|Eddie on the chimney of Goldilocks Hairdressers|
|Twitchers watching Eddie on the Roof of Goldilocks Hairdressers|
Eurasian Eagle Owl
Eurasian Eagle Owl - Bubo bubo bubo Eurasian Eagle Owl - Bubo bubo omissus
|Description||Very large owl with prominent ear tufts and vivid orange eyes. |
Very variable throughout range. Nominate race; buff-brown upper-parts,
heavily marked with black, greyish (grayish) facial disk.
Under-parts paler buff-brown with black streaks,
and fine brown barring on belly, white throat.
Becomes paler as you move eastwards in the northern parts
of the range up to western Siberia, then progressively
darker to Pacific coast. Birds becomes paler from north to
south in Asia Minor and Middle East. Size decreases East to West, #
and North to South.
|Range||From Europe across Russia to Pacific, South to Iran, |
Pakistan across to China and Korea.
|Habitat||Mainly remote rocky areas, river valleys, ravines, quarries etc. |
also open forest, Taiga, steppe and semi desert.
|Food||Mainly mammals from shrews up to foxes and young deer. |
Also a wide range of birds, reptiles and amphibians.
|Breeding||Usually begins breeding in late winter. 1-4 eggs are laid on a |
shelter cliff ledge, in a crevice or a sheltered depression on the ground.
The eggs are incubated for about 35 days. The young leave the nest by
about 5 weeks and can normally fly within a further 3 weeks.
They become independent by about 24 weeks old.
|Call||A deep resonant “ooh-hu” with emphasis on the first syllable.|
|Status||Not globally threatened, although rare or uncommon through most of its range. |
Becoming very scarce in parts of Europe.
|Comments||In some parts of Europe, this species has been successfully |
reintroduced back into the wild, following restoration of suitable habitat.
A good example of the importance of captive breeding.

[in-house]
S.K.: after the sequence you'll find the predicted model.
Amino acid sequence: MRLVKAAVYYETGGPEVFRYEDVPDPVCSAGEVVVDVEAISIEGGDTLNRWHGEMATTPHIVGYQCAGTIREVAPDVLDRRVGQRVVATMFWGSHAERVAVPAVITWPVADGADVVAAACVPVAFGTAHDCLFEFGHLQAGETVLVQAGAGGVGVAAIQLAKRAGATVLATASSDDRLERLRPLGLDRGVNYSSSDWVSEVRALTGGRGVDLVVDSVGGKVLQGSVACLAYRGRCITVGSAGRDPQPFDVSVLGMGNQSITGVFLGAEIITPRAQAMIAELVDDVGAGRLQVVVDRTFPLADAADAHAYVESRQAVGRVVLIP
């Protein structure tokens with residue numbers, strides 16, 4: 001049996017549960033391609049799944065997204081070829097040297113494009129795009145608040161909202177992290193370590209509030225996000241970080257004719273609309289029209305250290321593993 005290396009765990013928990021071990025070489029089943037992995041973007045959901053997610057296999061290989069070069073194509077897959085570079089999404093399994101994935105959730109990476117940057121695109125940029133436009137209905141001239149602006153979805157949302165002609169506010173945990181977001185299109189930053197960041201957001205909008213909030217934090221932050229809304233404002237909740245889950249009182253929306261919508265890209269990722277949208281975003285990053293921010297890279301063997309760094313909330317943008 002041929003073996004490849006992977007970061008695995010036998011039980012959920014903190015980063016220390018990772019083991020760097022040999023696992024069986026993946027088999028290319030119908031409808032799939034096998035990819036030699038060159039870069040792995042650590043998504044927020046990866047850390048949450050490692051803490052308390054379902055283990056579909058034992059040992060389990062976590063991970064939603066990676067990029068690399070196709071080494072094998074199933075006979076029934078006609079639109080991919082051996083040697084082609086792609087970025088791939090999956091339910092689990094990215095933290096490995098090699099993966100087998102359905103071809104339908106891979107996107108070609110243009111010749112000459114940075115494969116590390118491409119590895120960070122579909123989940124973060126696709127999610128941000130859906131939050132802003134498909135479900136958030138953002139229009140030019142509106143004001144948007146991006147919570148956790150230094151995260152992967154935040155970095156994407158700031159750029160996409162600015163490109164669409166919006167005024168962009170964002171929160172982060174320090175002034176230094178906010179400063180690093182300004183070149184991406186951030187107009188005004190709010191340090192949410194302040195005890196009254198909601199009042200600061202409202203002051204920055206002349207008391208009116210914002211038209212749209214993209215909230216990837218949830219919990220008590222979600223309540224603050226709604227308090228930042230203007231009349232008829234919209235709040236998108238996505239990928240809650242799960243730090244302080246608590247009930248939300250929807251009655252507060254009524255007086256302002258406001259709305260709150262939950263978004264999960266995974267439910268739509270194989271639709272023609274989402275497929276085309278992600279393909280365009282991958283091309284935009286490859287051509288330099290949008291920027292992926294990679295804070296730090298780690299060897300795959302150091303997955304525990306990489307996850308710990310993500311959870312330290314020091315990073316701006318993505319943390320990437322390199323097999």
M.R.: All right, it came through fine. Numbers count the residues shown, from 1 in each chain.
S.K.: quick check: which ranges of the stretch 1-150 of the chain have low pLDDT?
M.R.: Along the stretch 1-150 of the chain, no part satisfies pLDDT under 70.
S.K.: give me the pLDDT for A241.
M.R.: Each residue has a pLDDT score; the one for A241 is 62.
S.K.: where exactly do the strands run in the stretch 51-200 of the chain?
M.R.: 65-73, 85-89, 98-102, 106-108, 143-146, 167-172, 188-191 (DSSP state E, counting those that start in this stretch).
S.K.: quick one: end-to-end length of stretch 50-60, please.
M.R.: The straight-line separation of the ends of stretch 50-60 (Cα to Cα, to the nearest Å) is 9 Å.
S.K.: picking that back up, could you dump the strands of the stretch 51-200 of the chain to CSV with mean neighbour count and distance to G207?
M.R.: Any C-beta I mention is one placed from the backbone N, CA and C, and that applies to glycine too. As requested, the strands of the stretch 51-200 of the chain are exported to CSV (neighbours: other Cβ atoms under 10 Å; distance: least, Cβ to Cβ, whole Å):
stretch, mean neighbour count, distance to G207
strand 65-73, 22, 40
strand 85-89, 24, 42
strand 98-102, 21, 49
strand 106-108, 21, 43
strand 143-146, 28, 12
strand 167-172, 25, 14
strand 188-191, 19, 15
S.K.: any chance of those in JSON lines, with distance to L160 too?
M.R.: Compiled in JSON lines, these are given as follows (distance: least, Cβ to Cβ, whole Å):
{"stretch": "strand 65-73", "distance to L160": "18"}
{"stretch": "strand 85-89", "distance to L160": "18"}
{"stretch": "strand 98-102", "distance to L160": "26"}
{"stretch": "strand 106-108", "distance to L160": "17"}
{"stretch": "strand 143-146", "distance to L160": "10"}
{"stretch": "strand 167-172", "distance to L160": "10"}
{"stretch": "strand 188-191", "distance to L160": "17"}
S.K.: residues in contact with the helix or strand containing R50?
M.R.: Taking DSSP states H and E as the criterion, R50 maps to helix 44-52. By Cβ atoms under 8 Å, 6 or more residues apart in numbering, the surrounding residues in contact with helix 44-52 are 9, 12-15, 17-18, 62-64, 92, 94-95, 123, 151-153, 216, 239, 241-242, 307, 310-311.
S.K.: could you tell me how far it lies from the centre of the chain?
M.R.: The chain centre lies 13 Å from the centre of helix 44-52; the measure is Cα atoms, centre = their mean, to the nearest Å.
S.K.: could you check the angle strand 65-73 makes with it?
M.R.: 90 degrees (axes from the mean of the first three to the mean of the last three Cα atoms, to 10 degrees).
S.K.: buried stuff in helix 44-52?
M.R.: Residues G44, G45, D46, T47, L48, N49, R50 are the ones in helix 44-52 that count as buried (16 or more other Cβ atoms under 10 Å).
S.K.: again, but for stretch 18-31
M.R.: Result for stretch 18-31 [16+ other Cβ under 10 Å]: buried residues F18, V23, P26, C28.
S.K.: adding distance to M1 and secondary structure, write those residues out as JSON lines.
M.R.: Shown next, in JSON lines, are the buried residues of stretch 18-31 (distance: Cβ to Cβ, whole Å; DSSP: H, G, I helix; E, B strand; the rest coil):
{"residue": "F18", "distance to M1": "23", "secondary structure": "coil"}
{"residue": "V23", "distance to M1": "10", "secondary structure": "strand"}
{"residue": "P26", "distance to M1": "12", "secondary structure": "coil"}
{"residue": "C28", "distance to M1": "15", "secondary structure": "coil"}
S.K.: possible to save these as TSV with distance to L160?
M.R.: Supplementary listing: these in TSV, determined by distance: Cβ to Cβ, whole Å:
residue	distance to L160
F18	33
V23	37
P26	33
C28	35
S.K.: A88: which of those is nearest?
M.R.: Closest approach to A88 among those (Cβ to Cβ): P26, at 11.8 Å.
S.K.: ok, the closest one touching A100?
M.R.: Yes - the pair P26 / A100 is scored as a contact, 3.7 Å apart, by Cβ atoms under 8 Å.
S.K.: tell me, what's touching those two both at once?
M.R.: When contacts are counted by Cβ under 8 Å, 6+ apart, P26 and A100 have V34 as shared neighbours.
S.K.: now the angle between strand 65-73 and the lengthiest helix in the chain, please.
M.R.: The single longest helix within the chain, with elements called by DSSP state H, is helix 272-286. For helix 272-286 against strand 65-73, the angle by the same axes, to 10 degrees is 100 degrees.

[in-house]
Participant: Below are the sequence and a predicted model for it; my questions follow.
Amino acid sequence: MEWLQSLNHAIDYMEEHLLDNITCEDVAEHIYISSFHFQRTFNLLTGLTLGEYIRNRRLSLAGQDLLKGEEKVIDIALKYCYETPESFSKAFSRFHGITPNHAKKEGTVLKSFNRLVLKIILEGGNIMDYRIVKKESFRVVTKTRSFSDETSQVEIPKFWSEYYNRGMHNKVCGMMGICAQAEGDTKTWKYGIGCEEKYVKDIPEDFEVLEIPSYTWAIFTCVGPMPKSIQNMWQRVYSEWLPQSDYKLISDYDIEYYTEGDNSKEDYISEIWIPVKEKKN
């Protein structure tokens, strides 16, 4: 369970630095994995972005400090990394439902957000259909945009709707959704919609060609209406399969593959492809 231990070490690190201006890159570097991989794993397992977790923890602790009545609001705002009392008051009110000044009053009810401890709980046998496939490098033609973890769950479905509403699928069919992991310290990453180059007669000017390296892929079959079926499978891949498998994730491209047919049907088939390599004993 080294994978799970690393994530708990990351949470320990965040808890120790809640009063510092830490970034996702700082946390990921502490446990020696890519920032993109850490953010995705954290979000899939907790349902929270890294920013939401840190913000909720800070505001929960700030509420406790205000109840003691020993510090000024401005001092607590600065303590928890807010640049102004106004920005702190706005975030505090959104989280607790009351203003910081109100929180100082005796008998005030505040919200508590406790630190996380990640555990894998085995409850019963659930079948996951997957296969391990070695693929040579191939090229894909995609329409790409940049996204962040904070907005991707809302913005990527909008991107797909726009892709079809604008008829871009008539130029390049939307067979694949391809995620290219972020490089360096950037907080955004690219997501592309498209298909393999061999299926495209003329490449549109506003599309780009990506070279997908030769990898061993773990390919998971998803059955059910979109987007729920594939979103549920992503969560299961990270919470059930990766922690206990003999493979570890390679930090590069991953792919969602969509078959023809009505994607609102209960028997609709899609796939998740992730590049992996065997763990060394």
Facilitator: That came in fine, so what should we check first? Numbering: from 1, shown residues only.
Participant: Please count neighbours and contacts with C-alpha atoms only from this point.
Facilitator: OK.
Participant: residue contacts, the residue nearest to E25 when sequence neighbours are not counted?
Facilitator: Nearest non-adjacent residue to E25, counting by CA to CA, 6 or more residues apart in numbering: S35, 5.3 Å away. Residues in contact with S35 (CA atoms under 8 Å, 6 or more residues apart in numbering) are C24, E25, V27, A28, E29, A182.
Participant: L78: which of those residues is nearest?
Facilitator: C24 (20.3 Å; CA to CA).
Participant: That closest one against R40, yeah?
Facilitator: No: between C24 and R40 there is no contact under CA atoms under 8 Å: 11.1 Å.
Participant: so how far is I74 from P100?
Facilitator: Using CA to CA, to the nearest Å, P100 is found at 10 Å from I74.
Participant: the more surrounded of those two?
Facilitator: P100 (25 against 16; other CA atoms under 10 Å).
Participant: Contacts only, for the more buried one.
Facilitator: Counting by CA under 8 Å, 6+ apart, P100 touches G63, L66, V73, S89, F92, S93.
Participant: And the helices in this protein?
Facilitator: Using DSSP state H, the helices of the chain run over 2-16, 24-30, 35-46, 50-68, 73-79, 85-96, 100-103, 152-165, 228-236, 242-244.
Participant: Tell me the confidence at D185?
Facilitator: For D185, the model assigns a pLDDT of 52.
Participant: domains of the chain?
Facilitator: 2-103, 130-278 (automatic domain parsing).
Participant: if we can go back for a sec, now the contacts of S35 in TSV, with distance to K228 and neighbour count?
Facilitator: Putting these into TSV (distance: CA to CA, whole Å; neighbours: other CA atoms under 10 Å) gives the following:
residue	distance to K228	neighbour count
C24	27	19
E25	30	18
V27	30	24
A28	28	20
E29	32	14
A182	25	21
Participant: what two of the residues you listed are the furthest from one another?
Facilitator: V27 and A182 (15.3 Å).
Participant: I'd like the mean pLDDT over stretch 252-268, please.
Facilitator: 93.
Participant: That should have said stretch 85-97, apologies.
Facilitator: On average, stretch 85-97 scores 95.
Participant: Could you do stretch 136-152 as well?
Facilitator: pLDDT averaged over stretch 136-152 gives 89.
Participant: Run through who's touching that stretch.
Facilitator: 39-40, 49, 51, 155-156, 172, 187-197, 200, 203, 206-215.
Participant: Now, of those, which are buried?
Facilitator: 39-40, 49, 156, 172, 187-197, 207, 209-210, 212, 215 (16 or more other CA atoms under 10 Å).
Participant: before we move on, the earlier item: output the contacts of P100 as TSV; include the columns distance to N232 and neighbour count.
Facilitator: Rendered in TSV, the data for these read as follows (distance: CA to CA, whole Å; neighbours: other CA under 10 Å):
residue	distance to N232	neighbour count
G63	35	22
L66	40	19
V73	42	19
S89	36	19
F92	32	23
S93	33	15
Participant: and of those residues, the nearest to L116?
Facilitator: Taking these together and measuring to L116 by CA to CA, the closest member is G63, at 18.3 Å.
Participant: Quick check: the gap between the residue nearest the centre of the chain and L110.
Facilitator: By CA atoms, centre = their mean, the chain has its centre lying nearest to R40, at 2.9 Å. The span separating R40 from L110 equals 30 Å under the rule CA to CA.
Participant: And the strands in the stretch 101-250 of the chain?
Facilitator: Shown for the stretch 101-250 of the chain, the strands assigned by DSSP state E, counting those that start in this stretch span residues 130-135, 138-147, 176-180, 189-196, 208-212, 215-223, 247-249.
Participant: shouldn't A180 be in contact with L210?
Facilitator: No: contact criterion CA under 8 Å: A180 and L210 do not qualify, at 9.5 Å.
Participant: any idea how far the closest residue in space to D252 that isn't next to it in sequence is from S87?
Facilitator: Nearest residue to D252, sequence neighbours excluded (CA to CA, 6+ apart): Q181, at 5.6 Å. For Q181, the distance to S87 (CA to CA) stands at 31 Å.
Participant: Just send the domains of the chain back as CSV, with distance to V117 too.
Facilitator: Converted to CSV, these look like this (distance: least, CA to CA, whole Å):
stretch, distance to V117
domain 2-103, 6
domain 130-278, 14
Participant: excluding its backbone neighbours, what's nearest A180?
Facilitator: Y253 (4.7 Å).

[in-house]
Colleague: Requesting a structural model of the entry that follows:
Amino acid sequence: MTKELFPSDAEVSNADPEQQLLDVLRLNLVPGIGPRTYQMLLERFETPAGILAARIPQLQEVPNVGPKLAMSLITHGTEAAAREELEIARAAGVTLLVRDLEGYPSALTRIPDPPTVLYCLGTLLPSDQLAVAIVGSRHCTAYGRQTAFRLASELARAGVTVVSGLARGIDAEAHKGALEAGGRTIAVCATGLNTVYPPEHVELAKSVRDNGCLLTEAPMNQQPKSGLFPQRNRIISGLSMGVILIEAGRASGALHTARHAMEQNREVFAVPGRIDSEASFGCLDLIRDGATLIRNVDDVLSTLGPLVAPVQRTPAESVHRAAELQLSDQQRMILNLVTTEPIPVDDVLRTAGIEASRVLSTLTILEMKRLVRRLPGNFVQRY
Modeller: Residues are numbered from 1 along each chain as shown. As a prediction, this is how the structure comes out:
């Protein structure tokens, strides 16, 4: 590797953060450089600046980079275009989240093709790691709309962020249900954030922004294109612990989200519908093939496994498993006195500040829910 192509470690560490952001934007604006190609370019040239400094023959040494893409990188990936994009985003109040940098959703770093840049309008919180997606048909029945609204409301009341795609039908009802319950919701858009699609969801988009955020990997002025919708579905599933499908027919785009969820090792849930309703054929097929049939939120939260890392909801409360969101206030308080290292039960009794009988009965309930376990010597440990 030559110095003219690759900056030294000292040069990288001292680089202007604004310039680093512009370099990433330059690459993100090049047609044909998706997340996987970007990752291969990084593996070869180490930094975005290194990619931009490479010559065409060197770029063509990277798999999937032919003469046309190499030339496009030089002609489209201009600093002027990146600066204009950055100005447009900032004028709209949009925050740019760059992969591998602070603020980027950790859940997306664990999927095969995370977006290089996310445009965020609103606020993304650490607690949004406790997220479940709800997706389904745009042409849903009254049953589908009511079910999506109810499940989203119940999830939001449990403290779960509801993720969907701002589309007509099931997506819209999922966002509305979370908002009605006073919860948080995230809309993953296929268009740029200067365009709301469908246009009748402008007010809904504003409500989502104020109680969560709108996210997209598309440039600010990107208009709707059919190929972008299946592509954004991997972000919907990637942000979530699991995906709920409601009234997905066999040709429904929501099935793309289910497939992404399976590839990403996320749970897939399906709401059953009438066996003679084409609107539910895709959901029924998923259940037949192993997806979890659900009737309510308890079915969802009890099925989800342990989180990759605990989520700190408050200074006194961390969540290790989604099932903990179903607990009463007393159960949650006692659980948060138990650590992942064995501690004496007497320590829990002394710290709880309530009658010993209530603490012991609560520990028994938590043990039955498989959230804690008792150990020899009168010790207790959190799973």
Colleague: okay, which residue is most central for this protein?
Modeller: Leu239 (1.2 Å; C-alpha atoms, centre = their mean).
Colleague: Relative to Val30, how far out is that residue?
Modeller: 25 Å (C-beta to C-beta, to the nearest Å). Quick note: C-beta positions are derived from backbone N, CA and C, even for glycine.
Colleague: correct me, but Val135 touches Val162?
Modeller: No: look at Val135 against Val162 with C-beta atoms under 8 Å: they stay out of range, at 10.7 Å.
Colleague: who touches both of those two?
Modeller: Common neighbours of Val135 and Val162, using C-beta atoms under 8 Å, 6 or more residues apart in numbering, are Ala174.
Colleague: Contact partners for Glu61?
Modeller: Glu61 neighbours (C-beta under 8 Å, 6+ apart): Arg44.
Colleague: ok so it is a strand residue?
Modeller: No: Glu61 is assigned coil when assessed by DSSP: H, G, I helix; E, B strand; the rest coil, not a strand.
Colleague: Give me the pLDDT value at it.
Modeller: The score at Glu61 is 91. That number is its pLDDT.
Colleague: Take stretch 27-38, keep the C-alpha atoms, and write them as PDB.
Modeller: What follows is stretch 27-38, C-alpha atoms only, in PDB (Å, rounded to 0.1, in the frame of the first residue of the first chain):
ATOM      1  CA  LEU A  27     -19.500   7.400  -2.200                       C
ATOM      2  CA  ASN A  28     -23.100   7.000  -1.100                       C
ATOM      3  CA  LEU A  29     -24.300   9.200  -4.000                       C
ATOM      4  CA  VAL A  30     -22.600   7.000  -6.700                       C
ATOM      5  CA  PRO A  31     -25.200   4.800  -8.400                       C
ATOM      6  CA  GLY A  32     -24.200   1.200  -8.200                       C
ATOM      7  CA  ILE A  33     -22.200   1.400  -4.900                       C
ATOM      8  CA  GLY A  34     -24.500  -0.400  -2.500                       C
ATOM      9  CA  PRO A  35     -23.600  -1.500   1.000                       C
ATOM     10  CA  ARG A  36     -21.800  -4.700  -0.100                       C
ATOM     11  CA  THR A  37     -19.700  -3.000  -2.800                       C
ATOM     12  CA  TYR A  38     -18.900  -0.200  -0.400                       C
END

|Races||Many additional races have been described, but these are often |
just intermediate population or individual variation.
|B.b.bubo||N & C Europe|
|B.b.ruthenus||Russia from Moscow east to Urals|
|B.b.interpositus||Ukraine south to Syria|
|B.b.sibericus||W Siberia from Urals to River Ob|
|B.b.yenisseensis||C Siberia from Ob to Lake Baikal|
|B.b.jakutensis||NE Siberia from Lake Baikal to Pacific|
|B.b.ussuriensis||SE Siberia to N China|
|B.b.turcomanus||From Volga through Kazakhstan to W Mongolia|
|B.b.nikolskii||S & C Iran to Pakistan|
|B.b.hemachalana||Himalayas, Tien Shan, Pamirs, Tibet|
|B.b.kiautschensis||China & Korea|
Hunstanton: Pets at risk from eagle owl EddieDOG and cat owners have been warned to beware the eagle owl on the prowl in Hunstanton.
The bird, which has been christened Eddie by townspeople, appeared last week and has been blamed for the wholesale disappearance of many of the ducklings around town.
Mac Tucker, who keeps owls in Middleton, warned people not to approach the bird and said it could also prove dangerous for local pets.
“People should be warned not to try to pick it up with bare hands,” he said.
“A heavy gauntlet should be used. You must isolate the legs.
“Don’t worry about the beak. But once the talons get in the grip intensifies.”